I’ve said it before and I’ll say it again. I hate UML. That doesn’t mean there aren’t pictures that can say 1000 words. Here’s approximately 6000 words on the subject of substitution patterns. Substitution patterns are patterns where you want functionality to expose a certain interface, but need some sort of bridging logic to achieve that.
One nice thing about all of these patterns is that they describe an object. Patterns that involve several actors are harder to name and explain. Here, you’ve got the object that implements the pattern, and the target. The target never knows anything about the pattern (which is why I haven’t labelled them in the diagrams).
A proxy is an object that behaves exactly like its target. Usually it only exists to cross a machine or process boundary. WCF and RMI create proxies all of the time. I’ve written more about proxies before, but I ran with the more colloquial use of the term, where proxy and decorator are basically the same thing. I’m using the formal terminology here, but it’s still probably time we just accepted that common practice treats them as the same.
A square peg in a round hole. Used typically to deal with interfacing issues.
A round peg in a round hole. Decorator differs from proxy in that it changes behaviour.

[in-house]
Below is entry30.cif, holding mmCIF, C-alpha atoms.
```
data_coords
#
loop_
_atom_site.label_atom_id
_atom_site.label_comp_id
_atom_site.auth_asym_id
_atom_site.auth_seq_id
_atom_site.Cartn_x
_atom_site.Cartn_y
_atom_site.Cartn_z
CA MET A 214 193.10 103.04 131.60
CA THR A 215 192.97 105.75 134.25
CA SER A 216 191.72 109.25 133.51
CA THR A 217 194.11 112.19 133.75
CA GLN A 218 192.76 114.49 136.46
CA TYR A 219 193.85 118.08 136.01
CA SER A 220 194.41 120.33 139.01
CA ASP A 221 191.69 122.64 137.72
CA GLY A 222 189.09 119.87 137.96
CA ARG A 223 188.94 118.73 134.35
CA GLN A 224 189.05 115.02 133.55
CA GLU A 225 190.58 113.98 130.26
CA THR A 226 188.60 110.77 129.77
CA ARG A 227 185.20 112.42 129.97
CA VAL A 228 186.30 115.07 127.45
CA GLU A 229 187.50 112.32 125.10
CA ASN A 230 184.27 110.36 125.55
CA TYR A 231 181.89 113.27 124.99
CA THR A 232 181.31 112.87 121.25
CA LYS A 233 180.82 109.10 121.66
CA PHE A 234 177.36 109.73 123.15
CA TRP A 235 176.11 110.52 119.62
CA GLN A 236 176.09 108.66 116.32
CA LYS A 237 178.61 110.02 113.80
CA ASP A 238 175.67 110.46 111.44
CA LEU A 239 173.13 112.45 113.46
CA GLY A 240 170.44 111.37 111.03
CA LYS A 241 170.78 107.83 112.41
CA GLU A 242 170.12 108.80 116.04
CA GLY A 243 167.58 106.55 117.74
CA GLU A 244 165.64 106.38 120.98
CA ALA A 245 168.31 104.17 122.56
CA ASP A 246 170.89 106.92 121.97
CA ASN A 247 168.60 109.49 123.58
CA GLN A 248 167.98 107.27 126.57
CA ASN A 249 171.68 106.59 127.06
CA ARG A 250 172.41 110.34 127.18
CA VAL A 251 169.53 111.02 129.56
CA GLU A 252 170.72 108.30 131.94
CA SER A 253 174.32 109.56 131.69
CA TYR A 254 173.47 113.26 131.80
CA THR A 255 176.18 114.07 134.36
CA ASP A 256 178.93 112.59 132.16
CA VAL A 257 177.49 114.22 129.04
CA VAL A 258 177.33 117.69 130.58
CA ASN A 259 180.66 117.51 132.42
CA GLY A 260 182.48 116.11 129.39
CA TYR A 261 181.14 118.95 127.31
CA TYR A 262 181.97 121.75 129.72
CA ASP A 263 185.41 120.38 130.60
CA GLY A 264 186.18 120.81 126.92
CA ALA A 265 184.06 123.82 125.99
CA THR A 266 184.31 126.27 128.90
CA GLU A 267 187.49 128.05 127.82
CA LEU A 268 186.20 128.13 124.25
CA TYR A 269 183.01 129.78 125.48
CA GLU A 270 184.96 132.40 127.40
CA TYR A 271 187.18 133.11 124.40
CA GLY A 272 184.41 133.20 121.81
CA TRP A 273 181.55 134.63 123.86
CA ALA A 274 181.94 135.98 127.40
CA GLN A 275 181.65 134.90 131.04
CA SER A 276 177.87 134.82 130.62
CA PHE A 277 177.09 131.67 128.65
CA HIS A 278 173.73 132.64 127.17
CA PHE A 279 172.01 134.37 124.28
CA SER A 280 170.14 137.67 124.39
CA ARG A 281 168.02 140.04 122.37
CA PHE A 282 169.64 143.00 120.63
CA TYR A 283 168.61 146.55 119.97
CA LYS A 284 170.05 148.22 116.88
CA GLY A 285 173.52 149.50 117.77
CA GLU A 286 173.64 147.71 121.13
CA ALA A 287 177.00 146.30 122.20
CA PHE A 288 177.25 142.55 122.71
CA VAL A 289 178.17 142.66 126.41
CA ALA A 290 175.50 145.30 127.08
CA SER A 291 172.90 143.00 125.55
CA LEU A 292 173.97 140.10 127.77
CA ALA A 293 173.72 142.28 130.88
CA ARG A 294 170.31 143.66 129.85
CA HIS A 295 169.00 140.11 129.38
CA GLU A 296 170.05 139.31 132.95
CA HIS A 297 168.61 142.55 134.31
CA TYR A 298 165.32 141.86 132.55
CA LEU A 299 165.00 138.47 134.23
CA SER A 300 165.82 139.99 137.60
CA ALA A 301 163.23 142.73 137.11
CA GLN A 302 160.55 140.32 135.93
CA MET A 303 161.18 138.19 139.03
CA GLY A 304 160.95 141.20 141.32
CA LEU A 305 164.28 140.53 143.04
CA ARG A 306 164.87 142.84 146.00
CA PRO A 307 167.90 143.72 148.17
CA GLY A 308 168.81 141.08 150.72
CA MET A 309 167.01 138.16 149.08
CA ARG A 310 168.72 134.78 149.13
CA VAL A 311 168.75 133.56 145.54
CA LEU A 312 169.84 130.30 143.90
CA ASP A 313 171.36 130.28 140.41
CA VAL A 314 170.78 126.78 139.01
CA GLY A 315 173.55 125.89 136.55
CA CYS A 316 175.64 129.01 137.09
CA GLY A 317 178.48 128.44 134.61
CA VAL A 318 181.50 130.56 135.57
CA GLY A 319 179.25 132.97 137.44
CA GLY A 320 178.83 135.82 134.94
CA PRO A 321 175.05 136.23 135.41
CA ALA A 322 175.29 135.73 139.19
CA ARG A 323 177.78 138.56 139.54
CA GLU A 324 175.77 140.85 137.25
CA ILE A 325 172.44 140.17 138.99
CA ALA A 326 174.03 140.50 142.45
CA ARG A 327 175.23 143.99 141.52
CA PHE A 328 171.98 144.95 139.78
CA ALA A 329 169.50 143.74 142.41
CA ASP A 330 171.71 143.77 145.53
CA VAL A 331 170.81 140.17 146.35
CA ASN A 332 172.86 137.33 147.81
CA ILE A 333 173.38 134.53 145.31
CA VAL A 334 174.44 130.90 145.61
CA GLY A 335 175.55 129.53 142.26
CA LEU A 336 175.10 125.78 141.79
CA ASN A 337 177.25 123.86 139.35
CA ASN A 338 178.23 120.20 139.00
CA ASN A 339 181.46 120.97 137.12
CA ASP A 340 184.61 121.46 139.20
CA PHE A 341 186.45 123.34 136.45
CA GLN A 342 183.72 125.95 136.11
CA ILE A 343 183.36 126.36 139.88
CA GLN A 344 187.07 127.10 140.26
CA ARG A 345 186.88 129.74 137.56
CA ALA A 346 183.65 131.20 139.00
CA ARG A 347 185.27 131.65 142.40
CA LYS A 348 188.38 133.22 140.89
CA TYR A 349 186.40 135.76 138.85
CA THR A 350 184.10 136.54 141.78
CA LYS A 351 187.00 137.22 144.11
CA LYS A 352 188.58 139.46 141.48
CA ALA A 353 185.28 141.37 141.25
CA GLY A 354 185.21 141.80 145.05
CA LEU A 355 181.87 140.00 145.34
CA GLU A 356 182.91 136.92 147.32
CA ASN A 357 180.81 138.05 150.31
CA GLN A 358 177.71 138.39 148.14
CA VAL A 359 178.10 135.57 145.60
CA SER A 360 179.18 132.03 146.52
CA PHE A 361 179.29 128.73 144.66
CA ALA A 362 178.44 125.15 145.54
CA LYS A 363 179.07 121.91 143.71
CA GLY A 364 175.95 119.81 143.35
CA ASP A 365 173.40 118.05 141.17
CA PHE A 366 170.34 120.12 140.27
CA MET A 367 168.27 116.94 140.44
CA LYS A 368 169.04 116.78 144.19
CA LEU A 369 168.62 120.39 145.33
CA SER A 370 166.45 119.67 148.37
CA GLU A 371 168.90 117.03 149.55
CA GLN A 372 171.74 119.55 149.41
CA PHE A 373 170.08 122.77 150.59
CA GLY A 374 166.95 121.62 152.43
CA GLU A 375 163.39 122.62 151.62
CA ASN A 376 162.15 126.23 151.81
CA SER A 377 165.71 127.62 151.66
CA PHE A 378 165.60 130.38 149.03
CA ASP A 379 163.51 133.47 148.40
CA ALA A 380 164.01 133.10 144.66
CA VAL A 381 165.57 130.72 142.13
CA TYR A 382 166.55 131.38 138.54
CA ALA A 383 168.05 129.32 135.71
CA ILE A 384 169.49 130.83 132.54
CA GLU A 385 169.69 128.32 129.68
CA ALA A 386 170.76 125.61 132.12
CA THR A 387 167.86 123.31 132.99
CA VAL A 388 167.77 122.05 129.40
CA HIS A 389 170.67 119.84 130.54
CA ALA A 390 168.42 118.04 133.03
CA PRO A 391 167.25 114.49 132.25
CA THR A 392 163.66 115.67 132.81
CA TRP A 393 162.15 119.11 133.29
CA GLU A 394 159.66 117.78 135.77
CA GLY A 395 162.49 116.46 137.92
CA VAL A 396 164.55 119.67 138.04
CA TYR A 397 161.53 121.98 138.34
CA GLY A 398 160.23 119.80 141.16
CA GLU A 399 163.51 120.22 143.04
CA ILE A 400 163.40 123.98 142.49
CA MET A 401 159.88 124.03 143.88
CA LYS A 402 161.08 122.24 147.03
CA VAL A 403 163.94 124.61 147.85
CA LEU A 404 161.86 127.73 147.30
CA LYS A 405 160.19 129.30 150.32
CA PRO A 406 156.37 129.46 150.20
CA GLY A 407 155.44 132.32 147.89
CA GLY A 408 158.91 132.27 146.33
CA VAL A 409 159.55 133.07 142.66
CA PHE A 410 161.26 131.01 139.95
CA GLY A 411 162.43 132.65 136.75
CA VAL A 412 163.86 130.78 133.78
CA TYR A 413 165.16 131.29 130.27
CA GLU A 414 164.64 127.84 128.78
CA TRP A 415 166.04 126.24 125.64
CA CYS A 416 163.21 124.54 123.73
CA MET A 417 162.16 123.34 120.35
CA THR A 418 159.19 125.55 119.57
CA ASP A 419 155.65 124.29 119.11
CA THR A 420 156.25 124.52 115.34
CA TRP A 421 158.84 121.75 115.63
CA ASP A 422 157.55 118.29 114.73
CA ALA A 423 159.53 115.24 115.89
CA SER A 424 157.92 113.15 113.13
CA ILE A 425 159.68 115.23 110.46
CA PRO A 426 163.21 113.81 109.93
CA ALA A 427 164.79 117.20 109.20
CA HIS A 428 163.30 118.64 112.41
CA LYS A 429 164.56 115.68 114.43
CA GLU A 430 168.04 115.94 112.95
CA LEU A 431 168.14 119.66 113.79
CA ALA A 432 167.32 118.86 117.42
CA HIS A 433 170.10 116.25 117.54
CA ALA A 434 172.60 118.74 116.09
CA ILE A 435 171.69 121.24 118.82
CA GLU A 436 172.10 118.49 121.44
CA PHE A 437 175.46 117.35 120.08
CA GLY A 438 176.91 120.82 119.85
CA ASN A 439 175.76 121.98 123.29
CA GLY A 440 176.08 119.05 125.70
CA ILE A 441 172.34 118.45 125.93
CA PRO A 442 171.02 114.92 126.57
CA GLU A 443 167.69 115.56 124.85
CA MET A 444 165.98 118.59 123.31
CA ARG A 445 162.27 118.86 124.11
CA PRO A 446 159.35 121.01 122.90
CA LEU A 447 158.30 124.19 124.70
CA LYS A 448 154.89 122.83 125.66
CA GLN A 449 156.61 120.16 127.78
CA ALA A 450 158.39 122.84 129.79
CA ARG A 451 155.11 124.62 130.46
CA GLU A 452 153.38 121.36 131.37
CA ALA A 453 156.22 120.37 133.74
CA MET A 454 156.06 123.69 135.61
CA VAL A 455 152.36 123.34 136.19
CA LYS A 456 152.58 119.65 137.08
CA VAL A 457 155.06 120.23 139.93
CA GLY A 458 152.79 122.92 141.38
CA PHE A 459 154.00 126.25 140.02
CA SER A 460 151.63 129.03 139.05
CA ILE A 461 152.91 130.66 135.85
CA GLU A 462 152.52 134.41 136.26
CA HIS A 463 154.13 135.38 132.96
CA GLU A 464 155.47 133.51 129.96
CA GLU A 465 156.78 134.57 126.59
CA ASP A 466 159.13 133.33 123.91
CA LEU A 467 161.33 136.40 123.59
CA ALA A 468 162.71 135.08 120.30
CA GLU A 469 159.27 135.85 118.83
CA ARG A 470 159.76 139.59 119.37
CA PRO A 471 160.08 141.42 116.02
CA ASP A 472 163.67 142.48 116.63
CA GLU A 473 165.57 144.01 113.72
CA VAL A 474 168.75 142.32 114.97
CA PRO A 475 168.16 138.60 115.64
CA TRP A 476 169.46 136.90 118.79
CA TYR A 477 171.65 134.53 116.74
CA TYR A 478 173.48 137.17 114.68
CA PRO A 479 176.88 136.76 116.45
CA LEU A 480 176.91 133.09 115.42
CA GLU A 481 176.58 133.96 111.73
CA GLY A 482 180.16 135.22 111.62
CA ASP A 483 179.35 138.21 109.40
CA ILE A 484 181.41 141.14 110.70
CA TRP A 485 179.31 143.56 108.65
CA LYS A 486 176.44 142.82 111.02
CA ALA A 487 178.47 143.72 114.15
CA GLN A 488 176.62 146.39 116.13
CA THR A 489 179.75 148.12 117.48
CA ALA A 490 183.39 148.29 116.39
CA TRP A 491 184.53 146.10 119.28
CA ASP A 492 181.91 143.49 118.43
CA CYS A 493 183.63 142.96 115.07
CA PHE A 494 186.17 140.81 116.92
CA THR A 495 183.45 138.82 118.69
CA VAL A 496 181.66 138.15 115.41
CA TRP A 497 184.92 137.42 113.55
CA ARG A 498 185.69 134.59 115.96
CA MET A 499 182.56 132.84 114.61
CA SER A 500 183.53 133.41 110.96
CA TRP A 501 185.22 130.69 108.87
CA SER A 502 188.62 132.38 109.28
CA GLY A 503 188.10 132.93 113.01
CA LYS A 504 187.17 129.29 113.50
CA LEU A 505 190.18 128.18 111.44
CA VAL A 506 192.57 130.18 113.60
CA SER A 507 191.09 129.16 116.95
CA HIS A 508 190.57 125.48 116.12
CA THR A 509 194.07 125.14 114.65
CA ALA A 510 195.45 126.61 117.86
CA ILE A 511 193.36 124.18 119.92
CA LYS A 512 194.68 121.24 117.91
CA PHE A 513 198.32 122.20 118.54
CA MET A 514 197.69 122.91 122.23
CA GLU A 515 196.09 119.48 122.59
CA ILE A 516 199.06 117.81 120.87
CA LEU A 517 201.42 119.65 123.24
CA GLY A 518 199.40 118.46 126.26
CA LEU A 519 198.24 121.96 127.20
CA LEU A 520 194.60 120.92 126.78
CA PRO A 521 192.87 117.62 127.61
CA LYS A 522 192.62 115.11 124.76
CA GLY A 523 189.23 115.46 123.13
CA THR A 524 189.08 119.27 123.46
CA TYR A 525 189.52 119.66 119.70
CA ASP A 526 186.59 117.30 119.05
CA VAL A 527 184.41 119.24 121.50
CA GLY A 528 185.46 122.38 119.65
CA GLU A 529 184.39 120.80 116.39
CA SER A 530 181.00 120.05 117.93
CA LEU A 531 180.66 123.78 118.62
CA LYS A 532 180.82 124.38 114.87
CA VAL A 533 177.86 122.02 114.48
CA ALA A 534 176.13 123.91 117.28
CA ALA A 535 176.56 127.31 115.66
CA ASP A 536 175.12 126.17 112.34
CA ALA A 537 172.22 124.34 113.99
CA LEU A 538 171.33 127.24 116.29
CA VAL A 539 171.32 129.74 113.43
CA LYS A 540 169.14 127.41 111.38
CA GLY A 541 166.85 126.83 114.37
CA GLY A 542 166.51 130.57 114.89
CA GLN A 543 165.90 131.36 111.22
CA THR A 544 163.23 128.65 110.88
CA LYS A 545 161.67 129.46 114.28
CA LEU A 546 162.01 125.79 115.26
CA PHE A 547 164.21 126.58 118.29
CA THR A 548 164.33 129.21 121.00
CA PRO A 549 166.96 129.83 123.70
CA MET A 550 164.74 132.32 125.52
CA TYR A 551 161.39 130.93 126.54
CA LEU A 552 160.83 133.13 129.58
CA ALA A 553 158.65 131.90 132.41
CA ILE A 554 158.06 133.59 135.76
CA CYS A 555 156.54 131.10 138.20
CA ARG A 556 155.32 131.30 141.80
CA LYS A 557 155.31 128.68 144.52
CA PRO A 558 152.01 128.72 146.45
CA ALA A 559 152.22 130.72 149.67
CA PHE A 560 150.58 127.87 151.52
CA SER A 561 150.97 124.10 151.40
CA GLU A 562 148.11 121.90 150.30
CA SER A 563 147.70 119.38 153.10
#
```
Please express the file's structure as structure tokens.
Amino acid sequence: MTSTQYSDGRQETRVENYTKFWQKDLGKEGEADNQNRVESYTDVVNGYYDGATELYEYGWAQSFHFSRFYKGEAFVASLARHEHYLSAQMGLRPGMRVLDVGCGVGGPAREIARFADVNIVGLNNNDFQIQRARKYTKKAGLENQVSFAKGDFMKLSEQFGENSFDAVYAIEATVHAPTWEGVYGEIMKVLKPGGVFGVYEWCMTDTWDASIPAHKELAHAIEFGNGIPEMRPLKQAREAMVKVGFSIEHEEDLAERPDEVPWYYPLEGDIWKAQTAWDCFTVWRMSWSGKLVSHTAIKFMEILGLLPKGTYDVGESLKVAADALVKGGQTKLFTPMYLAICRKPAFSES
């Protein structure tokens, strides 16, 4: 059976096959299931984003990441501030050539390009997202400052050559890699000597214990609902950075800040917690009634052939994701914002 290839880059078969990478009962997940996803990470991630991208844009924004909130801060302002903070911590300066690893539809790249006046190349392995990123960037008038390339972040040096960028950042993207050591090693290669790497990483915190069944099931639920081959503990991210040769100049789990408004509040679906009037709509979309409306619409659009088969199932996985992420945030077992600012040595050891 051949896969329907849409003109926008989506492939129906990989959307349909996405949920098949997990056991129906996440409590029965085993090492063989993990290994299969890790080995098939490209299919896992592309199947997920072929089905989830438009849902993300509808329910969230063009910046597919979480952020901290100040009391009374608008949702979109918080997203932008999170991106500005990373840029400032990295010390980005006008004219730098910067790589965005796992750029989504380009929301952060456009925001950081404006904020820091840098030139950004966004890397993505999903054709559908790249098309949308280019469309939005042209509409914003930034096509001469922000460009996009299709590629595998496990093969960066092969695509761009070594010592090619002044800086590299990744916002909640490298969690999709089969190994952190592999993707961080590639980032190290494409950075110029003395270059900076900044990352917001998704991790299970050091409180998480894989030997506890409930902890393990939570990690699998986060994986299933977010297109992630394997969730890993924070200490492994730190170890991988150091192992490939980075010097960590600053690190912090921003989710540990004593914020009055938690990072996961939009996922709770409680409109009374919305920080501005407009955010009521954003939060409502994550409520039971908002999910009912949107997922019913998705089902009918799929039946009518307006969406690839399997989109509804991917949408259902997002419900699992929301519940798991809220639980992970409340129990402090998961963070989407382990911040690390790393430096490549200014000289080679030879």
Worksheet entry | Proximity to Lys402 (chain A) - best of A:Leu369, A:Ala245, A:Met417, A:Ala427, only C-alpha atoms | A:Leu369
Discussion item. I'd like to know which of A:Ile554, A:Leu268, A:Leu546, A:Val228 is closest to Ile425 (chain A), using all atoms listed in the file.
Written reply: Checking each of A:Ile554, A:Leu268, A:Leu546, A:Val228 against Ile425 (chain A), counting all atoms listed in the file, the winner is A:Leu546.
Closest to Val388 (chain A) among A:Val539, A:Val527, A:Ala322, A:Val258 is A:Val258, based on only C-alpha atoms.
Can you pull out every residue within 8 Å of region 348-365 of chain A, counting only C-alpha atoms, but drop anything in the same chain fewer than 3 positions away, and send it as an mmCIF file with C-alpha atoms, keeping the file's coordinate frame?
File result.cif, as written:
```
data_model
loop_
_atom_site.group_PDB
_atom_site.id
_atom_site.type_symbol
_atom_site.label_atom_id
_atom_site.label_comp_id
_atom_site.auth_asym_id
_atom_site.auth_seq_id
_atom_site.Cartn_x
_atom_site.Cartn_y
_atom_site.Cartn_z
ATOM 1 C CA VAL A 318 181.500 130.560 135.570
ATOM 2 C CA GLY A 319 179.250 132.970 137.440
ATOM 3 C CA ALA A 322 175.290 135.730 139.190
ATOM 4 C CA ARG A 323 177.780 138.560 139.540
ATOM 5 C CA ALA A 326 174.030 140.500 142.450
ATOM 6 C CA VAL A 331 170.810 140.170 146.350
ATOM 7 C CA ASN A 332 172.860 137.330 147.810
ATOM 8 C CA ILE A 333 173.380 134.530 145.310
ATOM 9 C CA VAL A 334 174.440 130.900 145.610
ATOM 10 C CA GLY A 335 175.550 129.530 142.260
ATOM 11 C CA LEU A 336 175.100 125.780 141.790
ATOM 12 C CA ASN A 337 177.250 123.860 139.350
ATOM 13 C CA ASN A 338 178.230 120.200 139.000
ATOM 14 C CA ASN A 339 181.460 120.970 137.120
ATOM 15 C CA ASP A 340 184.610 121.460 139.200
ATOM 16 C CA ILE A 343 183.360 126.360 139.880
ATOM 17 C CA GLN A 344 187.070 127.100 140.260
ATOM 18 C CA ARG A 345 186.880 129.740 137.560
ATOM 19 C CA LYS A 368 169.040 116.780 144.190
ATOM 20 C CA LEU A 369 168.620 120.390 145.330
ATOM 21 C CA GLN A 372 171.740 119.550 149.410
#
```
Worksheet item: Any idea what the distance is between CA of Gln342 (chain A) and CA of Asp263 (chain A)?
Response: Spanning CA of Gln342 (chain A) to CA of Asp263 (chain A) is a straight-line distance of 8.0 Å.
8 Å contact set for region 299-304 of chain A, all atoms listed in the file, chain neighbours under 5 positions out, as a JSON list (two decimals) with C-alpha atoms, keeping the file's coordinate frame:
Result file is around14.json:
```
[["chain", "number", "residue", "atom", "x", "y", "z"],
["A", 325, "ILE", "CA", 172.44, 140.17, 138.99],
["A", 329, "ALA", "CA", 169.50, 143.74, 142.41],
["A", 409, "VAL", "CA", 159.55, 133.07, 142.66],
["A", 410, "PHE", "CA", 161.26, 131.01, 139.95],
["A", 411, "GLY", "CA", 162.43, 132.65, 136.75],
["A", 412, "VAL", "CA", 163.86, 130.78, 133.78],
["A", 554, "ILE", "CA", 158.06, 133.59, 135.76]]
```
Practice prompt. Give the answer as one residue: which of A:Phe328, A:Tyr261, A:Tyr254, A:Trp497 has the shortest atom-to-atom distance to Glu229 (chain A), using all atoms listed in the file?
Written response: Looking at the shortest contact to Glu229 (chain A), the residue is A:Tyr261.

Not a classic Gang of Four pattern, although it’s technically a special case of decorator. Here you have two implementations: a primary implementation and a fallback implementation. Typically, the primary implementation is a remote proxy and the fallback is a dummy class that just throws exceptions, but obviously other arrangements are possible. The circuit breaker flips between the two depending on the behaviour of the primary implementation. If connectivity goes down or performance degrades unacceptably, subsequent calls are routed to the fallback until the circuit breaker decides to try the primary again. This prevents the calling system from contributing to the load on the remote system. There’s a good implementation using Castle DynamicProxy over on Davy Brion’s blog (it conflates the circuit breaker with the fallback).
Multiple round pegs, one round hole. Not really anything to do with trees.
Loads of pegs, lots of shapes, one round hole. Used to simplify a subsystem.